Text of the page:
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New Forms of Start Up Funding Powering New Age of Innovation

Last month, as part of Via Meadia‘s focus on what we have loosely defined as the “jobs of the future”, we highlighted the crowdfunding company KickStarter. KickStarter, like other crowdfunders, is designed to pool money from thousands of ordinary people to fund entrepreneurs with ideas. It’s venture capitalism by the little guy, for the little guy.

Crowdfunding continues to grow. This still new market has seen more than $1.5 billion change hands and funded tens of thousands of projects. Unlike traditional venture capital, in which funding is provided in return for a monetary reward (usually equity), crowdfunding offers investors non-economic benefits. Arie Abecassis sits on the boards of multiple start-ups and notes that crowdfunding’s raison d’être has changed dramatically in a short period of time: “Many of these online platforms were originally thought of as places where you could discover quaint products, like an iPod accessory, or projects, such as funding a hiking trip, rather than the capital-formation facilities that they have become.”

Abecassis identifies four ways he expects the crowdfunding model to continue to evolve:

1. Vertical platforms will emerge to focus on select market segments. . . .

2. Crowdfunding platforms will evolve into “full-service” communities to better meet the needs of their members. . . .

3. Creativity and innovation through online crowdfunding will be supported not just by individuals but by organizations as well. . . .

4. Benefits-based crowdfunding will complement equity-based platforms. . . .

As old technologies and old jobs crumble, anxiety builds about what comes next. Via Meadia won’t try to predict which startups will turn into the Apple and Google of the next generation. But we do know that America’s genius is its dynamism: the willingness of its young people to take risks and start companies, and the willingness of investors to take a chance on these fledgling startups.

The evolution and rapid development of capital markets—and the crowd-sourcing platforms that decentralize them—will increase the speed at which new ideas make it to the market, in turn accelerating the pace of social change and pushing America toward a new kind of economy and social order in the years ahead.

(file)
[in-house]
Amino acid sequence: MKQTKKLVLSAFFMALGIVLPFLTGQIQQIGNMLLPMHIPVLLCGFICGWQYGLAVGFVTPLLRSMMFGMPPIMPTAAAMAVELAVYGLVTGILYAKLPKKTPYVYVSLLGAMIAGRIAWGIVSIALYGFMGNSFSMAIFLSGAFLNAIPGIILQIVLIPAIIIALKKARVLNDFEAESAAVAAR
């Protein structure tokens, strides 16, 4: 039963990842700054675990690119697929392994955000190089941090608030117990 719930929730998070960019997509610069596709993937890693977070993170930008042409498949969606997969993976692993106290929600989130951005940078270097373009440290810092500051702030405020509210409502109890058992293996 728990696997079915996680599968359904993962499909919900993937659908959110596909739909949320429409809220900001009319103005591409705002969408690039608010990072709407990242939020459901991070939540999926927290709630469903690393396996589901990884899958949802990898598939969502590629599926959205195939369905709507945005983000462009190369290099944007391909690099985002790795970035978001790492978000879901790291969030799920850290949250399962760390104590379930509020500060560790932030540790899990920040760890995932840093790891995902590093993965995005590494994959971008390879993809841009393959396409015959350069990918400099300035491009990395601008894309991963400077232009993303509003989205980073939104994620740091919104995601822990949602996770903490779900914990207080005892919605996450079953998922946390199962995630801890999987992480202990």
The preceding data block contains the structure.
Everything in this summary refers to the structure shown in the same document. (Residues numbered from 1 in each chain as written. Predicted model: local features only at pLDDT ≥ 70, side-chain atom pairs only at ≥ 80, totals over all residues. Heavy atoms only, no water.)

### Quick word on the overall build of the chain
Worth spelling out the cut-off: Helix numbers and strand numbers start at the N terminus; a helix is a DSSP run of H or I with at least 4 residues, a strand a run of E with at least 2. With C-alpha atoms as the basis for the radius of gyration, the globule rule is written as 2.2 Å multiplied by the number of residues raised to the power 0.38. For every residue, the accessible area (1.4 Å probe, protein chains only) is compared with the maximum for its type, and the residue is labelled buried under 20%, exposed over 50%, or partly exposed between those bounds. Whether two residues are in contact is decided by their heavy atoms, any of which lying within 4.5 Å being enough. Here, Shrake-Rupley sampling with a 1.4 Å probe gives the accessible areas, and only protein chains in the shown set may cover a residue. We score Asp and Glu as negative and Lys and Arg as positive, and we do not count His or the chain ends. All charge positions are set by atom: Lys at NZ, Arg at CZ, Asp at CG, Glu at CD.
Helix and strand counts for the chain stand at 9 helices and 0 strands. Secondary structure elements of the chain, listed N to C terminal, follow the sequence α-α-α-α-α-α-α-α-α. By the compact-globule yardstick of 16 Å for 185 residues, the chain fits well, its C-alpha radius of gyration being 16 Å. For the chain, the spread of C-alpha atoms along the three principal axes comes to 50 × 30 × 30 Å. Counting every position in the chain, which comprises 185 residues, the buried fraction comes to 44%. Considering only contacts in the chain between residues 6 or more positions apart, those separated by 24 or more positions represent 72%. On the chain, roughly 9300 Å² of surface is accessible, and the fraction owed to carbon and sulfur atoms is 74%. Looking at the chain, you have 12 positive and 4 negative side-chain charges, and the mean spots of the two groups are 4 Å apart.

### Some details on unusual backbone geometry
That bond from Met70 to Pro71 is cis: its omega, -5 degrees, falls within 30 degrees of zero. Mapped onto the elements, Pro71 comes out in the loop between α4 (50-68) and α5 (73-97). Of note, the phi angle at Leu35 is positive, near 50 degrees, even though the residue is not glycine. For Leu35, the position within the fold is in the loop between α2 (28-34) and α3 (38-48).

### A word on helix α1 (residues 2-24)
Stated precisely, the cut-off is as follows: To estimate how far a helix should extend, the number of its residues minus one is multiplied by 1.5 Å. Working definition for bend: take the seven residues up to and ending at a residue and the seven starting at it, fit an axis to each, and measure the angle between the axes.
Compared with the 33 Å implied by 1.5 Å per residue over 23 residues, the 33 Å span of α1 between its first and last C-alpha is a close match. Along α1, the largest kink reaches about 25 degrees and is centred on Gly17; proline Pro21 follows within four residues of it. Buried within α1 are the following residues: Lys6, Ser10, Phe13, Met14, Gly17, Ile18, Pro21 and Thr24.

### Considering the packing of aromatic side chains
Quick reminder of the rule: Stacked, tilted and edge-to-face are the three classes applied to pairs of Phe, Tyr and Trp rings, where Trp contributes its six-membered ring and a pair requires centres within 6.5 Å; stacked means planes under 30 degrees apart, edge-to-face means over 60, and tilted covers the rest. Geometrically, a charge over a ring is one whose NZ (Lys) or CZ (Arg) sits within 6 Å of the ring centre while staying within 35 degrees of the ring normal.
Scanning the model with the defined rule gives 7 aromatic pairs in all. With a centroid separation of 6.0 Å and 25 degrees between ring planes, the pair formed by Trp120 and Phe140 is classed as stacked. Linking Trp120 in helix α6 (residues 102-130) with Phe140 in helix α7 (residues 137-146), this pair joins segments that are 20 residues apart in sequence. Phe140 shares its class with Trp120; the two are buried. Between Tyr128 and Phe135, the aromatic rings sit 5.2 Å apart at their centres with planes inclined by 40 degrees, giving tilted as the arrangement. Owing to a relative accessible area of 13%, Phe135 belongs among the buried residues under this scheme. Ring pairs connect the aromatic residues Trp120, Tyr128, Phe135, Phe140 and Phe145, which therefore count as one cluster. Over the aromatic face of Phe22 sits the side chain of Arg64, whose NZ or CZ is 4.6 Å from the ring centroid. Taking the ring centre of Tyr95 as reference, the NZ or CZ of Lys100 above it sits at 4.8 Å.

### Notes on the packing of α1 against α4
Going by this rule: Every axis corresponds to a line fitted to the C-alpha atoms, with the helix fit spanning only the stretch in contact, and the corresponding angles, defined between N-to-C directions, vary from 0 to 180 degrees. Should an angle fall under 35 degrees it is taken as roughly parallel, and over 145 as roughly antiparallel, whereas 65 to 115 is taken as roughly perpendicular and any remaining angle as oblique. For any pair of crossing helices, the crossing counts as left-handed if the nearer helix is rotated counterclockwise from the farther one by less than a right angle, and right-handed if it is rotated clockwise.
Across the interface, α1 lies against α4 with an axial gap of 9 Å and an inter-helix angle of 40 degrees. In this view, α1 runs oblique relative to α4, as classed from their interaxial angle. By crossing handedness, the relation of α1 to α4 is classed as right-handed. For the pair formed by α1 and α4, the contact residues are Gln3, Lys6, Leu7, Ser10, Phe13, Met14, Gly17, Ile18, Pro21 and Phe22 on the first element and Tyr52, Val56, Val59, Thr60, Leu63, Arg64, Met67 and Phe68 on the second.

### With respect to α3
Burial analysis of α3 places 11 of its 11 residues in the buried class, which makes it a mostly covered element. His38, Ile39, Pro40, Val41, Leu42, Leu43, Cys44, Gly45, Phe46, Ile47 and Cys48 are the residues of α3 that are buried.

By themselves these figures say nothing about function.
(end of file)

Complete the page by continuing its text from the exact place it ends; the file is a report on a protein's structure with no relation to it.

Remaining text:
Those who think that America’s time has passed haven’t reckoned with the creativity and the hunger that drives our new generation of entrepreneurs.

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  • Jacksonian Libertarian

    This is definitely needed; the normal source of startup capital has been loans using home equity as collateral. The 35% fall in home values has destroyed this source of capital, along with American Family Net Worth which has fallen 40% in 3 years. With the Government sucking $1.3 Trillion per year out of the capital markets, small business loans have become impossible without completely supporting collateral, as banks have become risk adverse and prefer nice safe Treasuries. In a normal recovery as much as 80% of the new jobs are created by small business start ups and expansions. So the collapse of the Government created housing bubble, destroyed the source of funding for the largest job creators, and the Government’s deficit spending has robbed those same creators of bank funding as well. The only way to limit the damage the Government does to the economy is to limit the size and scope of the Government as both the Founding Fathers and the TEA Party support.

  • Mrs. Davis

    crowdfunding offers investors non-economic benefits.

    Who are these “investors” you speak of interested in non-economic benefits? I have a portfolio of beautiful bridges they can choose from.